6  freebsd-ufs  130023424  838860800
7  freebsd-ufs  968884224  <emphasis>984640880</emphasis></screen>

      <para>If at least one sector was unallocated at the end of the
	disk, these two files can be used without modification.</para>

      <para>Now restore the partition table into
	<filename>mirror/gm0</filename>:</para>

      <screen>&prompt.root; <userinput>gpart restore mirror/gm0 &lt; table.ada0</userinput>
&prompt.root; <userinput>gpart restore mirror/gm0s1 &lt; table.ada0s1</userinput></screen>

      <para>Check the partition table with
	<command>gpart show</command>.  This example has
	<filename>gm0s1a</filename> for <filename>/</filename>,
	<filename>gm0s1d</filename> for <filename>/var</filename>,
	<filename>gm0s1e</filename> for <filename>/usr</filename>,
	<filename>gm0s1f</filename> for <filename>/data1</filename>,
	and <filename>gm0s1g</filename> for
	<filename>/data2</filename>.</para>

      <screen>&prompt.root; <userinput>gpart show mirror/gm0</userinput>
=&gt;        63  1953525104  mirror/gm0  MBR  (931G)
          63  1953525042           1  freebsd  [active]  (931G)
  1953525105          62              - free -  (31k)

&prompt.root; <userinput>gpart show mirror/gm0s1</userinput>
=&gt;         0  1953525042  mirror/gm0s1  BSD  (931G)
           0     2097152             1  freebsd-ufs  (1.0G)
     2097152    16777216             2  freebsd-swap  (8.0G)
    18874368    41943040             4  freebsd-ufs  (20G)
    60817408    20971520             5  freebsd-ufs  (10G)
    81788928   629145600             6  freebsd-ufs  (300G)
   710934528  1242590514             7  freebsd-ufs  (592G)
  1953525042          63                - free -  (31k)</screen>

      <para>Both the slice and the last partition must have at least
	one free block at the end of the disk.</para>

      <para>Create file systems on these new partitions.  The number
	of partitions will vary to match the original disk,
	<filename>ada0</filename>.</para>

      <screen>&prompt.root; <userinput>newfs -U /dev/mirror/gm0s1a</userinput>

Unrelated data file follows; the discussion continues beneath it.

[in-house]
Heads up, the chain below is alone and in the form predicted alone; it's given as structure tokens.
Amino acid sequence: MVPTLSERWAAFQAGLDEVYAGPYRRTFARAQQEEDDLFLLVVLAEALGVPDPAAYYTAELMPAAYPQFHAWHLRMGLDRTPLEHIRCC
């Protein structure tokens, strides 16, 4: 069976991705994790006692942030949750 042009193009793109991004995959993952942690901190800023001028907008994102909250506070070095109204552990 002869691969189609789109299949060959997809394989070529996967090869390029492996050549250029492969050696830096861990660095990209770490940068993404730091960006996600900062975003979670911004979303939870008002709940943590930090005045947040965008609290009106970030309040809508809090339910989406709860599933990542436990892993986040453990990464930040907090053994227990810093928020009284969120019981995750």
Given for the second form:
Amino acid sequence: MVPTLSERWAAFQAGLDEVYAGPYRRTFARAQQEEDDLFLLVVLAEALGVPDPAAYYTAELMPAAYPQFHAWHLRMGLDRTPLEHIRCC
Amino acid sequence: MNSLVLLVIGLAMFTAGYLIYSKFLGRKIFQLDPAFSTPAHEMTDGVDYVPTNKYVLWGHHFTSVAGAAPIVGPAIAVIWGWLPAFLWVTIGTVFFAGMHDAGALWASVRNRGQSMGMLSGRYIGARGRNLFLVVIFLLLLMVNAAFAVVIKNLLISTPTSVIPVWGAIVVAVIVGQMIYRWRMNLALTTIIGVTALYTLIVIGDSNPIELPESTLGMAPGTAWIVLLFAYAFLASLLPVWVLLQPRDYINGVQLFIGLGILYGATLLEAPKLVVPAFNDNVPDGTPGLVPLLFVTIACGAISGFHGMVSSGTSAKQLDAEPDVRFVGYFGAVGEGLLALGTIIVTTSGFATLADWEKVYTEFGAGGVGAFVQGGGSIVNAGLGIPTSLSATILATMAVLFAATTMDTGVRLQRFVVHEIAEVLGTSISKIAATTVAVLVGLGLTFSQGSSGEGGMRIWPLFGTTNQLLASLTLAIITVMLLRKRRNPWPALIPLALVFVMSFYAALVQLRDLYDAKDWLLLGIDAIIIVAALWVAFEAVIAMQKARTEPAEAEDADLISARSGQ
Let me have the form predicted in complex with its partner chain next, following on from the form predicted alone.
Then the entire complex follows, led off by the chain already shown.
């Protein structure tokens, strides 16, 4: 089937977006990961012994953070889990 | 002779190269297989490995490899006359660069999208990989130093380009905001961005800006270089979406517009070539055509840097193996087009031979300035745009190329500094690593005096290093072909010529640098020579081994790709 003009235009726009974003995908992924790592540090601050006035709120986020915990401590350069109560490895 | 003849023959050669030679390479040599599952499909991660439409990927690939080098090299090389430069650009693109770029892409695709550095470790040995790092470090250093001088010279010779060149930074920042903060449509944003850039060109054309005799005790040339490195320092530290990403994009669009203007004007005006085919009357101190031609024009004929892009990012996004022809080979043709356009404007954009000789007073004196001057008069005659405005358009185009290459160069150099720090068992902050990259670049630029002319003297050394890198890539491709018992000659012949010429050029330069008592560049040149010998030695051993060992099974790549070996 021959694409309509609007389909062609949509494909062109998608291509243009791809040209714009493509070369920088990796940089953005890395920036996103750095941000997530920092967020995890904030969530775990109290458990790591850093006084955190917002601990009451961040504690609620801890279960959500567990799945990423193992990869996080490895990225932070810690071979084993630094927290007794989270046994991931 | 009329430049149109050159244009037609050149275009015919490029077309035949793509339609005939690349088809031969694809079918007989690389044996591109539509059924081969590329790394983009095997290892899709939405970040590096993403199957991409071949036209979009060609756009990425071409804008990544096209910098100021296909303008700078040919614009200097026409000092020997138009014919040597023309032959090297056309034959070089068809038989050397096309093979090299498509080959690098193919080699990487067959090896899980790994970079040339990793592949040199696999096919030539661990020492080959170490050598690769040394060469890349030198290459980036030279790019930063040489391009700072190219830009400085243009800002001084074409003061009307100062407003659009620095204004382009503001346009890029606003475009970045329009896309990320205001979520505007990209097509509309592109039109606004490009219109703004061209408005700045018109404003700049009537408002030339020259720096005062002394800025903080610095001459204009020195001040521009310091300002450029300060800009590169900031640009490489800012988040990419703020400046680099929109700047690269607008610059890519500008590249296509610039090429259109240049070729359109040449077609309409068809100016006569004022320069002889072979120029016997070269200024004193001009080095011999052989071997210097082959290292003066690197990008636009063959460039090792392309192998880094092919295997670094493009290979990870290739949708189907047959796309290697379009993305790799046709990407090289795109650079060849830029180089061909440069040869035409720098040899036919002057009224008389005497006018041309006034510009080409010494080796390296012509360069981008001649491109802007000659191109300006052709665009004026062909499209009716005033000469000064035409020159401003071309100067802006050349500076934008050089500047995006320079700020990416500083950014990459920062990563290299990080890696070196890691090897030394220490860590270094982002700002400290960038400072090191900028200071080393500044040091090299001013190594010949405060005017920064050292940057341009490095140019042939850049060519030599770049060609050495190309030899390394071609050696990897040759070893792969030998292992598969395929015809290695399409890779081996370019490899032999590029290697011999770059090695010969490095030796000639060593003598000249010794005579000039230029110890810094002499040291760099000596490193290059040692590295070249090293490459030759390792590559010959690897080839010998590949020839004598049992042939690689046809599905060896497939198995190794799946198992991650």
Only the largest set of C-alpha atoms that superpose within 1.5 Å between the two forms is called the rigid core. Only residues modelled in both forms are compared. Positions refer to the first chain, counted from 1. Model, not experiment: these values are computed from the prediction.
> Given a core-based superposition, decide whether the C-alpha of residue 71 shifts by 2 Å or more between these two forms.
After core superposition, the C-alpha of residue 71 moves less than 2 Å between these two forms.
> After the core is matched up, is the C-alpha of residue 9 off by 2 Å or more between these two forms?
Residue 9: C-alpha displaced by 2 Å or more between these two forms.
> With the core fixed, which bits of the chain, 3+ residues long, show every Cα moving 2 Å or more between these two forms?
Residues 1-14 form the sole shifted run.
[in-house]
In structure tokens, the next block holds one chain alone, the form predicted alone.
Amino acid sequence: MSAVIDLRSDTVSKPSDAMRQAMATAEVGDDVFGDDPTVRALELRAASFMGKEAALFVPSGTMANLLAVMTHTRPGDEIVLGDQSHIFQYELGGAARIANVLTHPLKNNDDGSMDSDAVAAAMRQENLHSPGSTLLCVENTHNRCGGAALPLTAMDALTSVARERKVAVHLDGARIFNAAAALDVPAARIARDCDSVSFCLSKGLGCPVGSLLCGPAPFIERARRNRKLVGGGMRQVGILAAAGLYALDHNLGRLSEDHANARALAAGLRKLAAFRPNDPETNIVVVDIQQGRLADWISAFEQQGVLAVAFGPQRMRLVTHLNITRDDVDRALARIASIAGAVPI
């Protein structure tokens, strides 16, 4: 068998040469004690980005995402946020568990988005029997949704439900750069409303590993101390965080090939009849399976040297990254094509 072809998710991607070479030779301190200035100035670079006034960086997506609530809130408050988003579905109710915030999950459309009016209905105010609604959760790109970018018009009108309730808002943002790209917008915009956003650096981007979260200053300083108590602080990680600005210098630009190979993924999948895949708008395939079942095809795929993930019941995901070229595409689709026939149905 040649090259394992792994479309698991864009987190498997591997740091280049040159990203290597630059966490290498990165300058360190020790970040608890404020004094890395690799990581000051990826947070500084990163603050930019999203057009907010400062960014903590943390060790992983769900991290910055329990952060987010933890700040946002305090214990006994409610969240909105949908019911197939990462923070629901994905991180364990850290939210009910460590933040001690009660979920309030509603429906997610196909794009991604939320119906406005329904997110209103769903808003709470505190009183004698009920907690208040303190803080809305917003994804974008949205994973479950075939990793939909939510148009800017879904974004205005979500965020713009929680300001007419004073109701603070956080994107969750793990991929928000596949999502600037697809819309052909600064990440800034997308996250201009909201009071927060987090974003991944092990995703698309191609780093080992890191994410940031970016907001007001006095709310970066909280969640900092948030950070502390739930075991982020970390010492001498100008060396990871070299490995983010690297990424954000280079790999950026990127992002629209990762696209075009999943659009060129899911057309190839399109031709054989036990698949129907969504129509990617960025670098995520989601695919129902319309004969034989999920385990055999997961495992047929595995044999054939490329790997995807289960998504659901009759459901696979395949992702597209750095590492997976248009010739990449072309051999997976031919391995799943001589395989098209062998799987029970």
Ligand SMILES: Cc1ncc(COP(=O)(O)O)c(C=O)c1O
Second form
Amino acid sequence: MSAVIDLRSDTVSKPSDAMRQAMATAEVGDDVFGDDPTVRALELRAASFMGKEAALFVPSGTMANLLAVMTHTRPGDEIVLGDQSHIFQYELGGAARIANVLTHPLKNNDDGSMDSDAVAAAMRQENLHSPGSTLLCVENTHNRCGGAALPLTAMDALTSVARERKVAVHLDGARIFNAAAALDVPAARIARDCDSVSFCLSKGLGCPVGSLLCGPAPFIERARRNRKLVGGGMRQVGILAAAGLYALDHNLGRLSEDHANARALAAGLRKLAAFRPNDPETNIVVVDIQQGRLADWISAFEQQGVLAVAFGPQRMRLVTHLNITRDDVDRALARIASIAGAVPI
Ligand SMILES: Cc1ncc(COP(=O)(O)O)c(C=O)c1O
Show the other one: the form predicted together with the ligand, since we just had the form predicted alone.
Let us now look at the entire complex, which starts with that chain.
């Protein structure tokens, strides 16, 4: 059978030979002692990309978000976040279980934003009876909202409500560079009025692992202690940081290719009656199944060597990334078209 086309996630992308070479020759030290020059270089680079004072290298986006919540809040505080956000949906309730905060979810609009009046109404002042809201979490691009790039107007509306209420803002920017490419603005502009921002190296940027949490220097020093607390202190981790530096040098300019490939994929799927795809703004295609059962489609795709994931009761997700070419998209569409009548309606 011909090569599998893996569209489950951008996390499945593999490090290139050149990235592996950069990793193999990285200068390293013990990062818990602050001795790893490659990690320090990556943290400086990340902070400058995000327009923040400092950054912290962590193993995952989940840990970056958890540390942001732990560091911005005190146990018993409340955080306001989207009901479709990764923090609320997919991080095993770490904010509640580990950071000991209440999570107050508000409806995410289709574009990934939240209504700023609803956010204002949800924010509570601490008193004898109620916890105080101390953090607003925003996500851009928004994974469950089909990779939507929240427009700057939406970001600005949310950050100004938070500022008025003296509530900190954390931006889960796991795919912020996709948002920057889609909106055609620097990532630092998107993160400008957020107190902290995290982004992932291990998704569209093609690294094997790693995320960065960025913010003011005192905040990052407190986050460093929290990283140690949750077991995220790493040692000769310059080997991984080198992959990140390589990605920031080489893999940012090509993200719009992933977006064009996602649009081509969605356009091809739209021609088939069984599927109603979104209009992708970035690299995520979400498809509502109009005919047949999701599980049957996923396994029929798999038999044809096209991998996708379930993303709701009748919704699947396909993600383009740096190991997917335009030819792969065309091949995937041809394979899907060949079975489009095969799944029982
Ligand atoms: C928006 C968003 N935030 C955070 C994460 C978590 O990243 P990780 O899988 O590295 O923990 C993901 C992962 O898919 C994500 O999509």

&prompt.root; <userinput>newfs -U /dev/mirror/gm0s1d</userinput>
&prompt.root; <userinput>newfs -U /dev/mirror/gm0s1e</userinput>
&prompt.root; <userinput>newfs -U /dev/mirror/gm0s1f</userinput>
&prompt.root; <userinput>newfs -U /dev/mirror/gm0s1g</userinput></screen>

      <para>Make the mirror bootable by installing bootcode in the
	<acronym>MBR</acronym> and bsdlabel and setting the active
	slice:</para>

      <screen>&prompt.root; <userinput>gpart bootcode -b /boot/mbr mirror/gm0</userinput>
&prompt.root; <userinput>gpart set -a active -i 1 mirror/gm0</userinput>
&prompt.root; <userinput>gpart bootcode -b /boot/boot mirror/gm0s1</userinput></screen>

      <para>Adjust <filename>/etc/fstab</filename> to use the new
	partitions on the mirror.  Back up this file first by copying
	it to <filename>/etc/fstab.orig</filename>.</para>

      <screen>&prompt.root; <userinput>cp /etc/fstab /etc/fstab.orig</userinput></screen>

      <para>Edit <filename>/etc/fstab</filename>, replacing
	<filename>/dev/ada0</filename> with
	<filename>mirror/gm0</filename>.</para>

      <programlisting># Device		Mountpoint	FStype	Options	Dump	Pass#
/dev/mirror/gm0s1a	/		ufs	rw	1	1
/dev/mirror/gm0s1b	none		swap	sw	0	0
/dev/mirror/gm0s1d	/var		ufs	rw	2	2
/dev/mirror/gm0s1e	/usr		ufs	rw	2	2
/dev/mirror/gm0s1f	/data1		ufs	rw	2	2
/dev/mirror/gm0s1g	/data2		ufs	rw	2	2</programlisting>

      <para>If the <filename>geom_mirror.ko</filename> kernel module
	has not been built into the kernel, edit
	<filename>/boot/loader.conf</filename> to load it at
	boot:</para>

      <programlisting>geom_mirror_load="YES"</programlisting>

      <para>File systems from the original disk can now be copied onto
	the mirror with &man.dump.8; and &man.restore.8;.  Each file
	system dumped with <command>dump -L</command> will create a
	snapshot first, which can take some time.</para>

      <screen>&prompt.root; <userinput>mount /dev/mirror/gm0s1a /mnt</userinput>
&prompt.root; <userinput>dump -C16 -b64 -0aL -f - /    | (cd /mnt &amp;&amp; restore -rf -)</userinput>
&prompt.root; <userinput>mount /dev/mirror/gm0s1d /mnt/var</userinput>
&prompt.root; <userinput>mount /dev/mirror/gm0s1e /mnt/usr</userinput>
&prompt.root; <userinput>mount /dev/mirror/gm0s1f /mnt/data1</userinput>
&prompt.root; <userinput>mount /dev/mirror/gm0s1g /mnt/data2</userinput>
&prompt.root; <userinput>dump -C16 -b64 -0aL -f - /usr | (cd /mnt/usr &amp;&amp; restore -rf -)</userinput>
&prompt.root; <userinput>dump -C16 -b64 -0aL -f - /var | (cd /mnt/var &amp;&amp; restore -rf -)</userinput>
&prompt.root; <userinput>dump -C16 -b64 -0aL -f - /data1 | (cd /mnt/data1 &amp;&amp; restore -rf -)</userinput>
&prompt.root; <userinput>dump -C16 -b64 -0aL -f - /data2 | (cd /mnt/data2 &amp;&amp; restore -rf -)</userinput></screen>

      <para>Restart the system, booting from
	<filename>ada1</filename>.  If everything is working, the
	system will boot from <filename>mirror/gm0</filename>, which
	now contains the same data as <filename>ada0</filename> had
	previously.  See <xref linkend="gmirror-troubleshooting"/> if
	there are problems booting.</para>

      <para>At this point, the mirror still consists of only the
	single <filename>ada1</filename> disk.</para>

      <para>After booting from <filename>mirror/gm0</filename>
	successfully, the final step is inserting
	<filename>ada0</filename> into the mirror.</para>

      <important>
	<para>When <filename>ada0</filename> is inserted into the
	  mirror, its former contents will be overwritten by data from
	  the mirror.  Make certain that
	  <filename>mirror/gm0</filename> has the same contents as
	  <filename>ada0</filename> before adding
	  <filename>ada0</filename> to the mirror.  If the contents